They say that millionaires have 7 streams of income.
And most of them are boring. Common examples of income-generating assets include your classics like real estate (rental income, depreciation benefits, equity appreciation) and dividend stocks (dividend income is taxed favorably), which I love.
But every so often, there’s one in there that sounds as exciting as going to Vegas and always betting on black.
Today, I want to talk about those obscure investments. Those weird, you only hear about them in the movies, oddball investments that can produce cash flow. I don’t want the obscure ones that don’t produce cash (invest in whiskey, art, or some other collectible… that just makes you eccentric), these have to produce a stream of income.
Maybe the stock market has you spooked. Maybe you simply have enough in equities.
Maybe you want income but all the income producing assets you know of are boring (or you have enough) – who really cares about certificates of deposit, Treasury bonds, and dividend stocks. If you wanted them, you would’ve gotten them by now (or you have and want even more diversification).
(personally, I think investing in yourself should be your first thought)
Today, you’ll read about some truly interesting assets that you’ve probably never heard of before:
Table of Contents
Crowdfunded Real Estate
Crowdfunded real estate is a relatively new phenomenon. It’s when you can invest in a little piece of real estate as part of a “crowd” of investors. This lets you diversify your real estate holdings without the work of buying and selling properties.
I’m a big fan of this way of investing in real estate because I have zero interest in being a landlord.
With crowdfunded real estate, you have two types:
- Invest in a real estate fund – Through a platform, such as Fundrise, you invest in funds that buy and sell real estate much like a typical REIT.
- Invest in specific properties – Rather than investing in a fund, these platforms offer specific properties that you can buy shares in. A company like Arrived offer single family homes, AcreTrader offers farmland, while Crowdstreet offers commercial real estate.
In both cases, you diversify your risk across several investments and can generate passive cash flow in the process (as well as equity appreciation).
(if you aren’t an accredited investor, here is a list of real estate investing sites for non-accredited investors)
Peer to Peer Lending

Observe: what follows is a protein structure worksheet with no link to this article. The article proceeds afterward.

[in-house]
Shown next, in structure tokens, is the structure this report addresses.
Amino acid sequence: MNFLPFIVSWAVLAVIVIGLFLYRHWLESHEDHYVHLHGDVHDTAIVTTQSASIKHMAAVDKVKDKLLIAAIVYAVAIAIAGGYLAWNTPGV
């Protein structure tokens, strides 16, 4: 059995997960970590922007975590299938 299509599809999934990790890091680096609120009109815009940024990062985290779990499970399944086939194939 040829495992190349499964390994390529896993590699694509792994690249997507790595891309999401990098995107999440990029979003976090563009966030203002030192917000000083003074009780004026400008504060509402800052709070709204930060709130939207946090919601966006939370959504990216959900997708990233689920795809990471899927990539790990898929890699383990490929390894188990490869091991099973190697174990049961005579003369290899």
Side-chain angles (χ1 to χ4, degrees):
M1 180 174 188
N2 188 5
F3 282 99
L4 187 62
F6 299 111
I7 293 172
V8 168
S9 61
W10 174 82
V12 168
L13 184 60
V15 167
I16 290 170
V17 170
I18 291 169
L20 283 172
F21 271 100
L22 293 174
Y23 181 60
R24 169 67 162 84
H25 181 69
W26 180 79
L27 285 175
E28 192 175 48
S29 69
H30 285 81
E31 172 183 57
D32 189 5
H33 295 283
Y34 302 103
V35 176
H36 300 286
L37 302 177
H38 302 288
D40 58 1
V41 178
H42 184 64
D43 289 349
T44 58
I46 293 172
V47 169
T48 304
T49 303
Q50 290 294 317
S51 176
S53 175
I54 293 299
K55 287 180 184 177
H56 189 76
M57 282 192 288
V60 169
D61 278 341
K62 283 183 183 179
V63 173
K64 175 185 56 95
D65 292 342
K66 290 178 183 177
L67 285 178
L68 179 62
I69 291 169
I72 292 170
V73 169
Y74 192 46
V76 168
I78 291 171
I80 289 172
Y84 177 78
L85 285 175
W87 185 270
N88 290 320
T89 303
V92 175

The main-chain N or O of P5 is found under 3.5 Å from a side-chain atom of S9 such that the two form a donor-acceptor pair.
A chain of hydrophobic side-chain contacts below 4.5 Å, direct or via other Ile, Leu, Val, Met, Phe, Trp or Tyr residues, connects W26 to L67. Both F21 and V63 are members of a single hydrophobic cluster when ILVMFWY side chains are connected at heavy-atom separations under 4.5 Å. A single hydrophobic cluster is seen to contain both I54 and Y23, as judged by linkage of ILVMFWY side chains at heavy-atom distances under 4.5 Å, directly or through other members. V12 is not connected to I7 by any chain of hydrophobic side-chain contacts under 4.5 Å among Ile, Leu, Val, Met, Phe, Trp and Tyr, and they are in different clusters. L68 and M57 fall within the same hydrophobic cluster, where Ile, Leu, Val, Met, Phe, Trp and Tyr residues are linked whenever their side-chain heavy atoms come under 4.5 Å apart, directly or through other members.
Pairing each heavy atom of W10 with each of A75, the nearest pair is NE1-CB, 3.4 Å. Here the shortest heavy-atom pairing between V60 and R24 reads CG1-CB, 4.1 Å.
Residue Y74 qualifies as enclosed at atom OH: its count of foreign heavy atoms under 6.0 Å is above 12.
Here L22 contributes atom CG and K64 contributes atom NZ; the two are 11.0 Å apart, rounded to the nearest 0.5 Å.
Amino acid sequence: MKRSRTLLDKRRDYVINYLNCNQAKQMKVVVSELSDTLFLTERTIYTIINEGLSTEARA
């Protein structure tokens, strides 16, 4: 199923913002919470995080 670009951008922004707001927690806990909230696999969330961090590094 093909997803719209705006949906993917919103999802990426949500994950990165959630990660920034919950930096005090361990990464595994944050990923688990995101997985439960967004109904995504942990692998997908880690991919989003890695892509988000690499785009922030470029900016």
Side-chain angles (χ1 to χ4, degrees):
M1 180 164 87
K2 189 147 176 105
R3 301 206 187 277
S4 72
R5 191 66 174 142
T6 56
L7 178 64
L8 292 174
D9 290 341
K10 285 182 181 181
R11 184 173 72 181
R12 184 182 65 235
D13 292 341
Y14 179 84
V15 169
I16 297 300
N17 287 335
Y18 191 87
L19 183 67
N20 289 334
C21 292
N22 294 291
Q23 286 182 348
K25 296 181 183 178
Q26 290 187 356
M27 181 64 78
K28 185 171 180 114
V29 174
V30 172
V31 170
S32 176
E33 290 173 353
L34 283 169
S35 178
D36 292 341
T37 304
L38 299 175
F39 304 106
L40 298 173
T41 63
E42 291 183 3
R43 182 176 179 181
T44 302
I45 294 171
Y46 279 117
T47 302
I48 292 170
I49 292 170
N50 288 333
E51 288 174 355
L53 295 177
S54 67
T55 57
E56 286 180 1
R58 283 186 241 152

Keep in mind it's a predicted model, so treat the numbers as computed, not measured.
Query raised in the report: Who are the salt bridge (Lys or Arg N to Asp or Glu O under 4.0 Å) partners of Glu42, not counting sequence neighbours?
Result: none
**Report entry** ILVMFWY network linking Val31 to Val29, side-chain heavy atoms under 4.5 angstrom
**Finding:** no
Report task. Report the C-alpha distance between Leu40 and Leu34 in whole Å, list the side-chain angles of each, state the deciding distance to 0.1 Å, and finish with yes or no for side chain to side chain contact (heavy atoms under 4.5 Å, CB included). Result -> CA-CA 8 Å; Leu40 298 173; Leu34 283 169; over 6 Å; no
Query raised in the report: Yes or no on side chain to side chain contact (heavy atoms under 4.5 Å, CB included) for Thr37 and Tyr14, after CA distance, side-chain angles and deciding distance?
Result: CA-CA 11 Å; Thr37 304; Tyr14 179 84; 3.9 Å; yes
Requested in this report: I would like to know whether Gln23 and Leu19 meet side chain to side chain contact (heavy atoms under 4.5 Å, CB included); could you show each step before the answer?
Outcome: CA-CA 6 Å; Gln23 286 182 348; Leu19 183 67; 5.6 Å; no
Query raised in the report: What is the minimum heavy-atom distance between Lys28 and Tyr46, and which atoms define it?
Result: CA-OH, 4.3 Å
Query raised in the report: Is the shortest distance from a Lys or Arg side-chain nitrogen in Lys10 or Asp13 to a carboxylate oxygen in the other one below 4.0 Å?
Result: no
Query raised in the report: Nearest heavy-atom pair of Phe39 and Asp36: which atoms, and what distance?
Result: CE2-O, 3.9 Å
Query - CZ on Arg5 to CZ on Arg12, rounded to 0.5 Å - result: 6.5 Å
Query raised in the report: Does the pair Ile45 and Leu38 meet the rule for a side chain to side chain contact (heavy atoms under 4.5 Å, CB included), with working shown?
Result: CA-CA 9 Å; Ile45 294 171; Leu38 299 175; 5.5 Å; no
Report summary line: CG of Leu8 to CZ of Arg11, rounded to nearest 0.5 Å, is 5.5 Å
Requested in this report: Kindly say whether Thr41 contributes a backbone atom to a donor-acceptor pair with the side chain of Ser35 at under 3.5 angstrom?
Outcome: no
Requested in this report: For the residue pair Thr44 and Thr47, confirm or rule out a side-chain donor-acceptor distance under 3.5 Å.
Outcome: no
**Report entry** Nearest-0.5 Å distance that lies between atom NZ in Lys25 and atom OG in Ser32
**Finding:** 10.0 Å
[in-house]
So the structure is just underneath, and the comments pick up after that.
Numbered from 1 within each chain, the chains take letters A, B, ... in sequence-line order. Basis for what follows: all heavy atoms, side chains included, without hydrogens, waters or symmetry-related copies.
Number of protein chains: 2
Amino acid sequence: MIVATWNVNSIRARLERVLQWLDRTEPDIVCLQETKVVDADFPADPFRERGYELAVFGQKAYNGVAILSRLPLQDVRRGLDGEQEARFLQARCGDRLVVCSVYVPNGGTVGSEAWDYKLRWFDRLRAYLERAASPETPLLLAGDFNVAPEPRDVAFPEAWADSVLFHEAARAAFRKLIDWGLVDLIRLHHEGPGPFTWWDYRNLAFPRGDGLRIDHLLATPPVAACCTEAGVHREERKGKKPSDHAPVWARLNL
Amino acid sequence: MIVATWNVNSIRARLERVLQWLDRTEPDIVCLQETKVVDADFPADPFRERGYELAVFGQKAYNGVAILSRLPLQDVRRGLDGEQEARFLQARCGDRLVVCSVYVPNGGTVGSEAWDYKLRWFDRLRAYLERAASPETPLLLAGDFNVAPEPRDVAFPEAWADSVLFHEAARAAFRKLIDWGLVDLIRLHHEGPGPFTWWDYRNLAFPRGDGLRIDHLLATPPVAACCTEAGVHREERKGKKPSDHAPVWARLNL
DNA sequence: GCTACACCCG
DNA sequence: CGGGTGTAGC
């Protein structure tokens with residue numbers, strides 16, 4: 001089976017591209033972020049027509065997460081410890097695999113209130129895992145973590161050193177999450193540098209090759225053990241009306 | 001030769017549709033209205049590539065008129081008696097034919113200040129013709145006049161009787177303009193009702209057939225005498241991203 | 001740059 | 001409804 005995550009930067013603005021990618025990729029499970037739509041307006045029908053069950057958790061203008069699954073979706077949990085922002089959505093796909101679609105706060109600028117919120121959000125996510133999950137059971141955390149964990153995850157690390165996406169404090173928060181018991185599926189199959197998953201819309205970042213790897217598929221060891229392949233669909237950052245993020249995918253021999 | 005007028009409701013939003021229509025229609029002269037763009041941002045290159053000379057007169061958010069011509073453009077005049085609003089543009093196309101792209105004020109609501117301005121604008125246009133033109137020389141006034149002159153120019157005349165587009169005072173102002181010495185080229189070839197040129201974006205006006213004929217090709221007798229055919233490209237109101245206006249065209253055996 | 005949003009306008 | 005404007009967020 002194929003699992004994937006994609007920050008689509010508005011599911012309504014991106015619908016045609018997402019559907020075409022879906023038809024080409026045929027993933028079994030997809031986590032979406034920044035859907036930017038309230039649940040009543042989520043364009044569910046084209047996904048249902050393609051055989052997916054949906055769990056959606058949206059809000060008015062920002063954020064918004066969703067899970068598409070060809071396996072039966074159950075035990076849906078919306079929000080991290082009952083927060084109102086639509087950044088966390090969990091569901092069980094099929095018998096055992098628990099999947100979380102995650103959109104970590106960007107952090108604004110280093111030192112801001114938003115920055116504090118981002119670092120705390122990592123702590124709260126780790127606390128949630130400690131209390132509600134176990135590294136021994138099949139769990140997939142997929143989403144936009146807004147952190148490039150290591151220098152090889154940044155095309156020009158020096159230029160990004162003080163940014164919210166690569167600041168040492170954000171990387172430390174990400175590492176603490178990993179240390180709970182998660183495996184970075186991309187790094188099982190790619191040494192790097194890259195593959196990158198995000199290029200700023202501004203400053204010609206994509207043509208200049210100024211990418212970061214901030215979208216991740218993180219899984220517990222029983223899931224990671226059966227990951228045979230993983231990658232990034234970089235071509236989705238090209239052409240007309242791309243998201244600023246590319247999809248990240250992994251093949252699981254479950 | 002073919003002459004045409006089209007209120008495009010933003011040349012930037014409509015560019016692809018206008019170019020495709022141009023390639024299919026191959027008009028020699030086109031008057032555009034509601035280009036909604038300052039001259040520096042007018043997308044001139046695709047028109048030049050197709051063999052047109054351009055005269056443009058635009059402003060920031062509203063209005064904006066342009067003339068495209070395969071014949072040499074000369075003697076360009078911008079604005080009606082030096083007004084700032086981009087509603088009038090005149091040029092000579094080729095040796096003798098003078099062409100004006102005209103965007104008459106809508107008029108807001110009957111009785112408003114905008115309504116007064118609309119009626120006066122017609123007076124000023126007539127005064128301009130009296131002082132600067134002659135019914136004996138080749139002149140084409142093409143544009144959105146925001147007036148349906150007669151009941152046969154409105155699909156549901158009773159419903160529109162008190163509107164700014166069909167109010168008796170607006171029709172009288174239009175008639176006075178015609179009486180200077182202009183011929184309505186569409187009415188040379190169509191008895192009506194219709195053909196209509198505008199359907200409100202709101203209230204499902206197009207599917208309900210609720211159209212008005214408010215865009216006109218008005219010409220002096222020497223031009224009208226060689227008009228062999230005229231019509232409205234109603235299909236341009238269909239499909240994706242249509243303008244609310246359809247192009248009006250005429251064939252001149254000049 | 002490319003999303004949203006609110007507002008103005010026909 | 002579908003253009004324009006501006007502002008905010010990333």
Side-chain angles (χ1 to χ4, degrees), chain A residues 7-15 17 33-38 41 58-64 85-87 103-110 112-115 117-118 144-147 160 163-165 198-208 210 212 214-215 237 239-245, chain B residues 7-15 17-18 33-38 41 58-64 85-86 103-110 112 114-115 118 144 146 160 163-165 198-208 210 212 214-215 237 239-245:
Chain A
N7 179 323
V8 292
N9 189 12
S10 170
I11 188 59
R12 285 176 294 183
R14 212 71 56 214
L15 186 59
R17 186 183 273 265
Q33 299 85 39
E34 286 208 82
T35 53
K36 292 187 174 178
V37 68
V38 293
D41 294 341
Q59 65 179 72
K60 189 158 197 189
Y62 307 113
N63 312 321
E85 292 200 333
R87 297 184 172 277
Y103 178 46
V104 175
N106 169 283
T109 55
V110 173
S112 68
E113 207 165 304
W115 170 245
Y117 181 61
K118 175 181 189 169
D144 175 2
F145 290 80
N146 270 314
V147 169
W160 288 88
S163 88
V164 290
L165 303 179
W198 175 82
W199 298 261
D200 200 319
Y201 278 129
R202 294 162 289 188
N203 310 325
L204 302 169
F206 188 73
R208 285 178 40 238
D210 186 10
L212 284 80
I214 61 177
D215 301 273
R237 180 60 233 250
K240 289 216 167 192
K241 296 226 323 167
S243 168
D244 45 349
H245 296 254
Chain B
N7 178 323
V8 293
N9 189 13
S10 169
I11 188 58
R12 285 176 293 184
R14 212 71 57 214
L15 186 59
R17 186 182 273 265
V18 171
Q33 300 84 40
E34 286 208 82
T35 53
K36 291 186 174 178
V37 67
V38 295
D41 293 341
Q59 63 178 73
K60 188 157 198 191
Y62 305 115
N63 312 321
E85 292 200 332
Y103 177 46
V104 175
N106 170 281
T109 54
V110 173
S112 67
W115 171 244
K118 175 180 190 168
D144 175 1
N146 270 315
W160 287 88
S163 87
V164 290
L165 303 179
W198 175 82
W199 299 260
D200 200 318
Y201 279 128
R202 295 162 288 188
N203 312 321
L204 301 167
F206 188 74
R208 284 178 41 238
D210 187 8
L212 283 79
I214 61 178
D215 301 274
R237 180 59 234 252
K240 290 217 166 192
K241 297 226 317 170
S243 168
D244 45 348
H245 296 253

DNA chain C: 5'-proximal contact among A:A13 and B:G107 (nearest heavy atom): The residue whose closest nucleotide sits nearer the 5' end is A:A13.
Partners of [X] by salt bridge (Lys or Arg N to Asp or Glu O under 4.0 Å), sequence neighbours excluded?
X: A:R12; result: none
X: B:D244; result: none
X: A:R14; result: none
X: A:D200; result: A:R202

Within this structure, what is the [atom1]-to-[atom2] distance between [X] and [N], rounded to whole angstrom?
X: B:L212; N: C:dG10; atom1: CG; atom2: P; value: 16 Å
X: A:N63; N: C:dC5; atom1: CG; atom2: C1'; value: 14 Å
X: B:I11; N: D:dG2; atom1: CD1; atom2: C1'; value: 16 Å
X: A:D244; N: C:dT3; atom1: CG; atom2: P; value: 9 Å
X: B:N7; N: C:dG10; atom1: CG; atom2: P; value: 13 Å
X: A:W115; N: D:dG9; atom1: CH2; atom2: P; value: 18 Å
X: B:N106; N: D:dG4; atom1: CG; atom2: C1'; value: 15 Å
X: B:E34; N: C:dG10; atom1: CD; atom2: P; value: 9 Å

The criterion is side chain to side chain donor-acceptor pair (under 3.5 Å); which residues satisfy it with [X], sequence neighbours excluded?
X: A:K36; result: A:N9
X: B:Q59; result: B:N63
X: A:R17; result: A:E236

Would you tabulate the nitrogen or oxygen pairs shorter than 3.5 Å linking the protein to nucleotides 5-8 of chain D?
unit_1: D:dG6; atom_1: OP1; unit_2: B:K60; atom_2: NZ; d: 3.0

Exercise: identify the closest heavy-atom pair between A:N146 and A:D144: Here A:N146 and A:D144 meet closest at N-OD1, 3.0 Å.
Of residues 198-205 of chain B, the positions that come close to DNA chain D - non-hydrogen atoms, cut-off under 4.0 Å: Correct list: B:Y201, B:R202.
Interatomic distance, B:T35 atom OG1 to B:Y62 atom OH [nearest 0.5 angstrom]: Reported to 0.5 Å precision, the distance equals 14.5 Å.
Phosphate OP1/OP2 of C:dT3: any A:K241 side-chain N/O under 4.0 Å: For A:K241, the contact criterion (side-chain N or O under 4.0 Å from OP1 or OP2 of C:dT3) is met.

Peer to peer lending is older than crowdfunded real estate investing but follows the same principles. You act as a bank, lending money to borrowers, but are able to diversify your loans across a variety of different borrowers with varying levels of risk.
By funding loans with $10 and $20, you can deploy thousands of dollars across hundred of borrowers that, hopefully, are not correlated.
Mineral rights are exactly that – the rights to extra minerals from the earth for a specific plot of land. They may be called mineral rights, mineral interests, or mineral estate – but the term is clear. It gives the owner the right to mine and extract minerals from the land.
This is lucrative because when you own the mineral rights, you own any valuable minerals trapped in the land. The most valuable minerals are oil and gas, gold, copper, diamonds, and coal. In the United States, most of the value is in finding oil and gas.
When you own a mineral right, you can reach an agreement with a miner or extractor to receive a royalty based on production. For example, it’s not uncommon for the Lessee (the miner) to pay the Lessor (owner) 1/8th value of what is produced.
If you want to buy mineral rights, do your homework!
Structured settlements are an interesting asset – let’s say you slip and fall in a store. You sue the store, because they were negligent, and you reach a settlement with the store. They offer to pay you $5,000 a year for 20 years. You see this a lot whenever there is a settlement on a massive scale with multiple claimants. The responsible party has to do this or they might go bankrupt. If they go bankrupt, no one gets paid.
Structured settlements are fine except sometimes the person getting the money needs the whole sum. Or they don’t want to wait. That’s when an investor can offer to buy it from them. At this point, it’s really an annuity to the investor.
This area has a bad reputation because sometimes the parties involved don’t behave honorably. They might take advantage of someone in a bad situation and offer a lowball amount for a settlement. Whatever the case may be, the instrument itself is aboveboard.
A royalty is a payment made to someone who holds a patent or copyright for use of that patent or copyright. If you want to play a song on the radio, you have to pay the artist a small royalty. If you want to publish a book, you have to pay the author a royalty. In the case of some products, the royalty may be a percentage of sales. Patents last only 10-20 years but copyrights can last up to 70 years after the death of the creator.